Andriana Collins: A Great Example

Andriana Collins: A Great Example

They have daily practices, grueling weight training sessions, long hours devoted to travel, and don't forget about attending class. Every day, student-athletes are challenged to balance their demanding academic course load with commitments to their team. It takes a special type of student-athlete to not only find that balance, but also excel at it. Andriana Collins is one of those student-athletes.

The junior pitcher for the UC Santa Barbara softball team has shown that she has a drive for success both on and off the field.

Whether she's striking out a batter, setting the curve, or reaching out to the community, Collins knows that she would be nowhere without the support of her parents.

Calling her parents a "solid back bone for me," Collins said. "I really work as hard as I do for them."

Collins' parents remain her biggest supporters to this day. Even though they live nearly 300 miles away in Fairfield, Calif., they attend most Gaucho home games and even travel for the road games.

"They are so supportive and encourage me to try my best no matter the outcome," Collins noted. "They want me to work to the level that they have reached in life, but they also want me to surpass that."

Her life as an athlete goes beyond her performance in the circle, as she is also a member of the Student Athlete Advisory Board (SAAB) at UCSB. As a part of SAAB, she works with student-athletes from other teams in planning various activities like the SB Awards, UCSB Athletics' annual awards ceremony, and promoting community outreach from her fellow student-athletes.

"At the end of the day, we [as a community] are one big family, not just a UCSB family," Collins said. "The community outreach allows Santa Barbara to see UCSB athletes giving back and showing that we really appreciate our fans and supporters."

As a student, Collins hasn't only been competitive; she has also been honored as one of the best. Last year, she was the first sophomore to receive the Golden Eagle Award for maintaining the highest cumulative GPA on the UCSB Softball team. A student-athlete must have a 3.2 GPA to even be eligible for the award.

"Whether or not I get [the Golden Eagle] again, it was a really great achievement to have knowing what I did."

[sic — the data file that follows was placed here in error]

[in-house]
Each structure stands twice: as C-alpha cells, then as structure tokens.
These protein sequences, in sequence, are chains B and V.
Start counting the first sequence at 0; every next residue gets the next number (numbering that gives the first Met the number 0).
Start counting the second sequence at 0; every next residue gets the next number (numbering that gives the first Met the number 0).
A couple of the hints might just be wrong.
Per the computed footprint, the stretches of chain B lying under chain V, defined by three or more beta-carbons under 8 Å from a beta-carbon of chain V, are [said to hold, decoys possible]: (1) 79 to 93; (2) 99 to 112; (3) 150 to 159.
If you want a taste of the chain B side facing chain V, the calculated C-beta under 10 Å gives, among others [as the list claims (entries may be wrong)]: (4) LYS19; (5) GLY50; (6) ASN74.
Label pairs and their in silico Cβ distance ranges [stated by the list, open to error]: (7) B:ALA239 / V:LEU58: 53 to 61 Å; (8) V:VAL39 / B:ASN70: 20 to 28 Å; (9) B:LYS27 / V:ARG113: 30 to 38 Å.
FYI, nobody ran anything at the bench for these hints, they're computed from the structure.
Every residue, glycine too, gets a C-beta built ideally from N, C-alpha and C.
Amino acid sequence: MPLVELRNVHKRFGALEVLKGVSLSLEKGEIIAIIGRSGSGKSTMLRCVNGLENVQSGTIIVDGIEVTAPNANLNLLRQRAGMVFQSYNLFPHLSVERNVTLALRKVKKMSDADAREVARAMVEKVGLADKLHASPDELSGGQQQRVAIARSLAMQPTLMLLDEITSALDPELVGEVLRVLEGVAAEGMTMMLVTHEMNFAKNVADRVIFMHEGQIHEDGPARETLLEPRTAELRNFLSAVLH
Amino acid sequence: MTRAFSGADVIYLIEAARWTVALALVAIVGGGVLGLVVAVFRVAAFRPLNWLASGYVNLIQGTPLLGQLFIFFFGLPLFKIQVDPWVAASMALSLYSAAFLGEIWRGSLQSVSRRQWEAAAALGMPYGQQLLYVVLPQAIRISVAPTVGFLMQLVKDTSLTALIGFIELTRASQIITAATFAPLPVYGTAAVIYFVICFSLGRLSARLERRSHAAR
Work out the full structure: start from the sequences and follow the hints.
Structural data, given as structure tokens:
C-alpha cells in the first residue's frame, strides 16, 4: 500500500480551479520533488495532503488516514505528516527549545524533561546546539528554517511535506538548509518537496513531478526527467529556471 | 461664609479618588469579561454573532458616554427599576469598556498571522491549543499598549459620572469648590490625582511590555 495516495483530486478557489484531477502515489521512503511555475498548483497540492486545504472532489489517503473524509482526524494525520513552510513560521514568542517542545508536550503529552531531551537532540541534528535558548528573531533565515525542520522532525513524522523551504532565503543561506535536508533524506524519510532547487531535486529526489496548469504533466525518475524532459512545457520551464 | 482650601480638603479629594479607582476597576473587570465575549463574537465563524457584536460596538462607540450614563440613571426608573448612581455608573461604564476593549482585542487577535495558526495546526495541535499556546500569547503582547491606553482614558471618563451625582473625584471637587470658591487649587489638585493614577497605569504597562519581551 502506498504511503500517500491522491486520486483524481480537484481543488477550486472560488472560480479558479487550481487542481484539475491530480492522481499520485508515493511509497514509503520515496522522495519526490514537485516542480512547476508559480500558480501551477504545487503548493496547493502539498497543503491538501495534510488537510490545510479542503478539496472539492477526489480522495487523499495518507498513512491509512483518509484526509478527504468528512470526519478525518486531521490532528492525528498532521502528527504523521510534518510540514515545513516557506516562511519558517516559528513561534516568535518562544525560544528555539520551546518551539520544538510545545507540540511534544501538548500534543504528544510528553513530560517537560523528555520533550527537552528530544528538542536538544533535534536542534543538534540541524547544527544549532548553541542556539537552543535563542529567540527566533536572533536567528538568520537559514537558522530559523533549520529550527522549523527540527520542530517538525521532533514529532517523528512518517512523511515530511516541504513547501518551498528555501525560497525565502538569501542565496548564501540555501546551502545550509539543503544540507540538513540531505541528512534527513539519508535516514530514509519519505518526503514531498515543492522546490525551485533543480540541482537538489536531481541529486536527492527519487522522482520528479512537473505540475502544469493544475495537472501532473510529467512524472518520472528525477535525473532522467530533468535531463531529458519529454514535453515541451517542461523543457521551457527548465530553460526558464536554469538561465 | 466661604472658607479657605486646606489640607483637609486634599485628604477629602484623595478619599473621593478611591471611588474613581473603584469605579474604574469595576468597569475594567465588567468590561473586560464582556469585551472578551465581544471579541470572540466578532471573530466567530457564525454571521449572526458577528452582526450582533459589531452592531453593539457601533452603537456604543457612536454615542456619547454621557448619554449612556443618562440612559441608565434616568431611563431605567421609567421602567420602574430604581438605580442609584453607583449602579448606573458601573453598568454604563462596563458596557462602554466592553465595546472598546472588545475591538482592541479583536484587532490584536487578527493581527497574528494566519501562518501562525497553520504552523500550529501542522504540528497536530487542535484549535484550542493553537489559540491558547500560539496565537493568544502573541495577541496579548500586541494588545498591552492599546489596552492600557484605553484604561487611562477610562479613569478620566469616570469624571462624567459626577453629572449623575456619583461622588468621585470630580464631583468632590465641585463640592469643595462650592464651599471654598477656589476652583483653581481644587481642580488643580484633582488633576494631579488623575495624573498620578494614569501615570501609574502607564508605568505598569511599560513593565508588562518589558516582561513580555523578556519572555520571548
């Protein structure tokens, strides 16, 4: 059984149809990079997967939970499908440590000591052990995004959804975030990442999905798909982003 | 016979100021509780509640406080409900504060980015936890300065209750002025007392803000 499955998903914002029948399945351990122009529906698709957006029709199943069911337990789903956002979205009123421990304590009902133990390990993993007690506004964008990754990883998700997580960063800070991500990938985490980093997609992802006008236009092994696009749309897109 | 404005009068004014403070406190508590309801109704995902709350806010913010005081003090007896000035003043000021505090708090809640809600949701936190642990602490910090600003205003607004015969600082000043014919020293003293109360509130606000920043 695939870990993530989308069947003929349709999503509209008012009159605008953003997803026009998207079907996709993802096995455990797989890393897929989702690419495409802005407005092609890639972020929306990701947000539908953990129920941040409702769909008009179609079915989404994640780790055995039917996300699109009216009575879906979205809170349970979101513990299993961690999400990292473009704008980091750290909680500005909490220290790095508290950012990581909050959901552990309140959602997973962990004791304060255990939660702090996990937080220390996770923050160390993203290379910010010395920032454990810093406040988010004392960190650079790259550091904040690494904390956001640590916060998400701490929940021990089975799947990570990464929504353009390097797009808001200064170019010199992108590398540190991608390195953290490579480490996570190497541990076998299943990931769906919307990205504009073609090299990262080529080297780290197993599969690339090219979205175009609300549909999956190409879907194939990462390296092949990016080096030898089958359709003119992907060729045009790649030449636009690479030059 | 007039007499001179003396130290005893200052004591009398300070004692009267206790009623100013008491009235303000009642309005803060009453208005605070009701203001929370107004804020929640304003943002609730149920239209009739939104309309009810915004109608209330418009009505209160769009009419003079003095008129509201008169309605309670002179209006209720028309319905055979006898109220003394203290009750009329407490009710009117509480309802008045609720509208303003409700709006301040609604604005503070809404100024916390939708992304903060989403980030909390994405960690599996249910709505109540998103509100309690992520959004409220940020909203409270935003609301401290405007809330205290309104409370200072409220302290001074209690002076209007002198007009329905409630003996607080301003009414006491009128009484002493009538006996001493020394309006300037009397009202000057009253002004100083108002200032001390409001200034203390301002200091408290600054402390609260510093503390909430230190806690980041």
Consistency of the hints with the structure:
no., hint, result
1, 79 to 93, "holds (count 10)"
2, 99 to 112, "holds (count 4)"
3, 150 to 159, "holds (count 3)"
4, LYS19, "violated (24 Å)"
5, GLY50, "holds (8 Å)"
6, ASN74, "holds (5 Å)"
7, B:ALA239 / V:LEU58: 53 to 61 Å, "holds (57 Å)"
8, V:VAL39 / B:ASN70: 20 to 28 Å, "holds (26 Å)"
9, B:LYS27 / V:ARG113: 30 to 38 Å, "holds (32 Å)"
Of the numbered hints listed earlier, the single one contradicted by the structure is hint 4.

But she isn't complacent with one award. She is currently in strong pursuit of her second consecutive Golden Eagle.

"It really pushed me into high gear to accomplish the same thing this year," Collins said. "I know I have a couple teammates on my tale, which I think helps us push each other as we're going for the same spot."

The time demands are obvious, but Collins has found it easy to make her tough schedule work by putting academics first.

"Academics have always been so important for me," she said. "So it's been easier for me personally to balance because, at the end of the day, I know what I'm here to do and that is to ultimately graduate and be somewhere at the top of my class."

Collins has been playing softball for nearly her entire life, but she knows that one day the pitcher's circle will be a thing of the past. The truth may be jarring, but Collins hasn't been put off by this reality.

"I push myself to the limit to see how much I can do. It's all about discovering a different passion when softball is over."

And Collins has determined that entertainment law will be that new passion.

As a sports information intern for the Athletics Communications Department at UCSB, Collins has honed her writing ability, which she knows will be crucial for law school.

Her writing for her internship was so impressive that, last year as a sophomore, she was published in DARE, UCSB Athletics' biannual magazine, for her profile on two athletes on the UCSB women's swimming team. She is one of three interns to have ever been published in the magazine's history.

She notes that for the first time, the next phase of her life isn't exactly clear, but she will be sure to take on the future the same way she has carried herself throughout her career as a Gaucho.

"It's exciting, nerve wrecking, putting so many emotions in one, but nonetheless, I'm ready for it."